Case Study

Zapier's Rebrand

How a small team and a design system helped to successfully launch Zapier’s first rebrand in 10 years.

The challenges of our rebrand

In 2021, a full rebrand became Zapier's top priority, and since the design system was determined to be the most efficient way to apply a rebrand across the product UI, marketing pages, and brand assets, this became the strategy for how we would approach the rebrand, via our design system, Zinnia. The team was pretty small, (just me at first) so we brought in another designer to help. We had a pretty short, 10-week timeline to redesign and update the Figma libraries.

Rebrand timeline graphic

Project timeline chart


Not long before our launch, we faced another challenge… a re-redesign of our logo.

“By late 2021, leadership had chosen a brand identity with a logo based around a Z that echoed the energy of a lightning bolt. The rebrand was scheduled for April. As we prepared for launch, we saw the Z become a symbol of Putin’s Army and the war on Ukraine. Despite being so close to launch, rolling out a new brand with a giant Z during this time was counter to our values. Zapier decided to start over, giving the team three weeks to find a new visual identity to communicate our brand.”The Zapier rebrand: How we developed a single story for infinite possibilities

Spoiler alert: We did it!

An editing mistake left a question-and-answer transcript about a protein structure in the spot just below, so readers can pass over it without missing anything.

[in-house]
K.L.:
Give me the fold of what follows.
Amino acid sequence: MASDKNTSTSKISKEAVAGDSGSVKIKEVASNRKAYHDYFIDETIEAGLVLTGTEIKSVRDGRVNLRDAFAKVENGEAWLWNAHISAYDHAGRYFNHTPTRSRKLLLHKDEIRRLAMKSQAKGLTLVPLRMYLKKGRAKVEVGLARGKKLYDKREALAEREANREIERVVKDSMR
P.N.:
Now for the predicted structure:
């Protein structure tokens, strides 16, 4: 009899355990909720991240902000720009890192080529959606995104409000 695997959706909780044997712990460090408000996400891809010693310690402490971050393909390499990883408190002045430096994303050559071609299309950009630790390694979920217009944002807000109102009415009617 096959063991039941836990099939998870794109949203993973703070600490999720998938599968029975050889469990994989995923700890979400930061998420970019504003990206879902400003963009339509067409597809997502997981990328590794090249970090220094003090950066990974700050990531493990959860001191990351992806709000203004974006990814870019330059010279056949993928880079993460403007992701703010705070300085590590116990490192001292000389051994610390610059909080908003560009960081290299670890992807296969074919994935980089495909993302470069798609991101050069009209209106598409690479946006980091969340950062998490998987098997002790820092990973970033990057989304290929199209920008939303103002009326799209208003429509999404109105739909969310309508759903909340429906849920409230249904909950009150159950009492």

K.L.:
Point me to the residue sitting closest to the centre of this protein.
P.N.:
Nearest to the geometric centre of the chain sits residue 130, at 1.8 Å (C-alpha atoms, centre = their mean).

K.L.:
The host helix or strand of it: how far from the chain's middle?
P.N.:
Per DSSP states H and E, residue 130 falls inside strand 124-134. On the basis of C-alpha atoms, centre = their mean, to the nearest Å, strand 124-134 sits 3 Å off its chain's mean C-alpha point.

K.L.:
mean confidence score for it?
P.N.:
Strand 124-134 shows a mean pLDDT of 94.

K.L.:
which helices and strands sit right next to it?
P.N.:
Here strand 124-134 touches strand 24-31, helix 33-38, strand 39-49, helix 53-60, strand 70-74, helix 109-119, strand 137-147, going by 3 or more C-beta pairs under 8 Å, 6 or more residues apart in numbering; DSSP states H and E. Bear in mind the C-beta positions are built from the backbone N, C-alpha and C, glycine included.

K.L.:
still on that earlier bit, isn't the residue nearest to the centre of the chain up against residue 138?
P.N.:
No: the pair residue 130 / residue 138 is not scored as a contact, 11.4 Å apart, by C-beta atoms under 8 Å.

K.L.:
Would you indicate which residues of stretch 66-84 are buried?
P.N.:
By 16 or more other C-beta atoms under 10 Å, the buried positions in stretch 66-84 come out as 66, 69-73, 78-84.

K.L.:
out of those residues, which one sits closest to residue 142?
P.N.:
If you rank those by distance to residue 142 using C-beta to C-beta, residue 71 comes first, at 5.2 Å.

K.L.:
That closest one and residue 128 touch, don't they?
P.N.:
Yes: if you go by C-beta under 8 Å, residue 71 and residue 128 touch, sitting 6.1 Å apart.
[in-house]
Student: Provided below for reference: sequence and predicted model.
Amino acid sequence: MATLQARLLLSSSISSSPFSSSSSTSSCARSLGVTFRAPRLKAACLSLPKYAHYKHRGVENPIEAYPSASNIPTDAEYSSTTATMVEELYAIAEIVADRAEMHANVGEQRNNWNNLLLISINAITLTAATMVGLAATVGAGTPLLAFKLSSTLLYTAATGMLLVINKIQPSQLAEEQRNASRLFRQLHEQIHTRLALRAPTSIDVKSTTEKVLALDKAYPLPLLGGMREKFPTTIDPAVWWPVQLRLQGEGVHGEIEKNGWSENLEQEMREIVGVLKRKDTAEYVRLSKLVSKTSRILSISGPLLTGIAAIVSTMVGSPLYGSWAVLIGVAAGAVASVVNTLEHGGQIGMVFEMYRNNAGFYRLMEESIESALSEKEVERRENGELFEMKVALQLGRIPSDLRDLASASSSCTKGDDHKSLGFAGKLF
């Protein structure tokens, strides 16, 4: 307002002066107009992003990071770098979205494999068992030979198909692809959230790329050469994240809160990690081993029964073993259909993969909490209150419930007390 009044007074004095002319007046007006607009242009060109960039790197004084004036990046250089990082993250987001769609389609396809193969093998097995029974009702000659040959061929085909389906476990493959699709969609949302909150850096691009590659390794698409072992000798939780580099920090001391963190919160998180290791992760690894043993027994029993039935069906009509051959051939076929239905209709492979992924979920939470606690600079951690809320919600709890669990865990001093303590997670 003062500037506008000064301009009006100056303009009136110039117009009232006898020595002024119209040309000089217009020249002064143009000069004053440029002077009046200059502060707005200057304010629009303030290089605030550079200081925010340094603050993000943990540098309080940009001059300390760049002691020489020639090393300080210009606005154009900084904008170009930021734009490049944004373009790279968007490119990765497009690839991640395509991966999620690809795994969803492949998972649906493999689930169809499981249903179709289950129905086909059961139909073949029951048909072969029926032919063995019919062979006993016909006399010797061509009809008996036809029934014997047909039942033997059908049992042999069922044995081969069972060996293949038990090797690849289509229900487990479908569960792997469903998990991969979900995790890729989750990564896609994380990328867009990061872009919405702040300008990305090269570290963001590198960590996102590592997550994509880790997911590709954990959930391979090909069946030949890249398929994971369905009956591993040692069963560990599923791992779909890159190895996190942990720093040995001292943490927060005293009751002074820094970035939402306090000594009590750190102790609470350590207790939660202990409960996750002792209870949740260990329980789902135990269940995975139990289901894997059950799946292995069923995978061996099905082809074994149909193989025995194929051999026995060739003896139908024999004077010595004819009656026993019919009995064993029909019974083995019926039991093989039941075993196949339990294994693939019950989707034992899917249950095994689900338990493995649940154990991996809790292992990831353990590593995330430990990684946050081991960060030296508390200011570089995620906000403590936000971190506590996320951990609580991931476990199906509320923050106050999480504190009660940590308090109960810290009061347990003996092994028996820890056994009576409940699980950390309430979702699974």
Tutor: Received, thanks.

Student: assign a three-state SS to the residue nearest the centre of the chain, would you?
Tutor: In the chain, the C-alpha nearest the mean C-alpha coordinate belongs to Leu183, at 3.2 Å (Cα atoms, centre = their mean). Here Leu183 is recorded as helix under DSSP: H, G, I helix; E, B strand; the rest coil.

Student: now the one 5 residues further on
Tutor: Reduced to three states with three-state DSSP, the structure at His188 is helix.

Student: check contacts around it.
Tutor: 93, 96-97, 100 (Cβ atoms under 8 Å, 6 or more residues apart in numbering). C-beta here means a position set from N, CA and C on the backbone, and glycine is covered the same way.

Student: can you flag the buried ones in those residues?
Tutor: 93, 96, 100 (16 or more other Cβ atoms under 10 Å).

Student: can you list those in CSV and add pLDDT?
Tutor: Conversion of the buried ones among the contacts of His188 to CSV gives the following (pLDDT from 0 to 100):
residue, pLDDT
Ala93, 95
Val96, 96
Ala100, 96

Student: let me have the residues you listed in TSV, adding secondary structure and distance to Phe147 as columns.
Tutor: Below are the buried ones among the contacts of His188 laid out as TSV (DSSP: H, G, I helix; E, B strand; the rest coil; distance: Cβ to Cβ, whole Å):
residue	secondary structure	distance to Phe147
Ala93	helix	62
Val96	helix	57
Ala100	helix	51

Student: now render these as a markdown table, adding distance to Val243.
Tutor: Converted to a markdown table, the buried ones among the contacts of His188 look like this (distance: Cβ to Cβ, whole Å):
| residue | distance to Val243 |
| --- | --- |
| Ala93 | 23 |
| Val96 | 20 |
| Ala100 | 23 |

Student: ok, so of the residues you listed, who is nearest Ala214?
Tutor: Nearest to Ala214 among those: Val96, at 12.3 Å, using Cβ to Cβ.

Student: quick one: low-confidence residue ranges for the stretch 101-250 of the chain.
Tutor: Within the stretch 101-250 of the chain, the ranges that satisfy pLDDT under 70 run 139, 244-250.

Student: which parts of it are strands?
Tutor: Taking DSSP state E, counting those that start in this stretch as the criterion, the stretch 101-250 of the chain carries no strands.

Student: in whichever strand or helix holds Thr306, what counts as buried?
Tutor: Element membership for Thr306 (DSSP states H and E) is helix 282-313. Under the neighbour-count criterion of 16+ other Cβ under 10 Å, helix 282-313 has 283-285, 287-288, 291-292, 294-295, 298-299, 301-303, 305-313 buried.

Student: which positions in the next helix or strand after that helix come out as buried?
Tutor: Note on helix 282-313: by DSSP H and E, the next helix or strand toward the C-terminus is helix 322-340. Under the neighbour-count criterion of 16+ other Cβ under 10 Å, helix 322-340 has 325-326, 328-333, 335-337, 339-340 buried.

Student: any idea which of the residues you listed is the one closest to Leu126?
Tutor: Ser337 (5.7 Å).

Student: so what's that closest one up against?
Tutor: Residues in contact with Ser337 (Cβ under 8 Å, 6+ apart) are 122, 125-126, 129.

The team and my role in the rebrand

Making changes this broad required a lot of collaboration. We hired an amazing Creative Director, (Hi, Jeter!) who built our first Brand Studio team which includes Brand Design, Brand Writing, and Design Systems Design. Everyone on this new team played a massive role in the success of the rebrand.

I was also on our Design Systems team which at the time was mostly engineers. Being part of both teams was so valuable when it came to understanding the brand direction as it emerged—allowing us on Design Systems to start the process of applying new foundations and visual language early on, before a set of brand guidelines would be available. This way of working also allowed stakeholders to get a better idea of how these changes would feel inside the product before any code changes had been made.

My role in the rebrand was a bit of everything. I worked on component design, planning, coordinating, building and maintaining Figma libraries, keeping a close eye on accessibility, updating guidelines, stress-testing designs, providing feedback, gathering feedback, pairing with product designers, creating Jira tickets for engineering—you name it!

How we worked

In September, we started our collaboration on the core aspects of the rebrand with an external agency, Instrument. They helped us craft our mission, values, and some of the brand foundations like colors, the logo, and typefaces.

With a short timeline and much uncertainty around the complexities of updating the entire Figma library in time without breaking existing designs, we did a test run of a “rebrand”—borrowing Discord’s Brand Guide as a test run to see what problems we might uncover upon applying foundational changes to the system.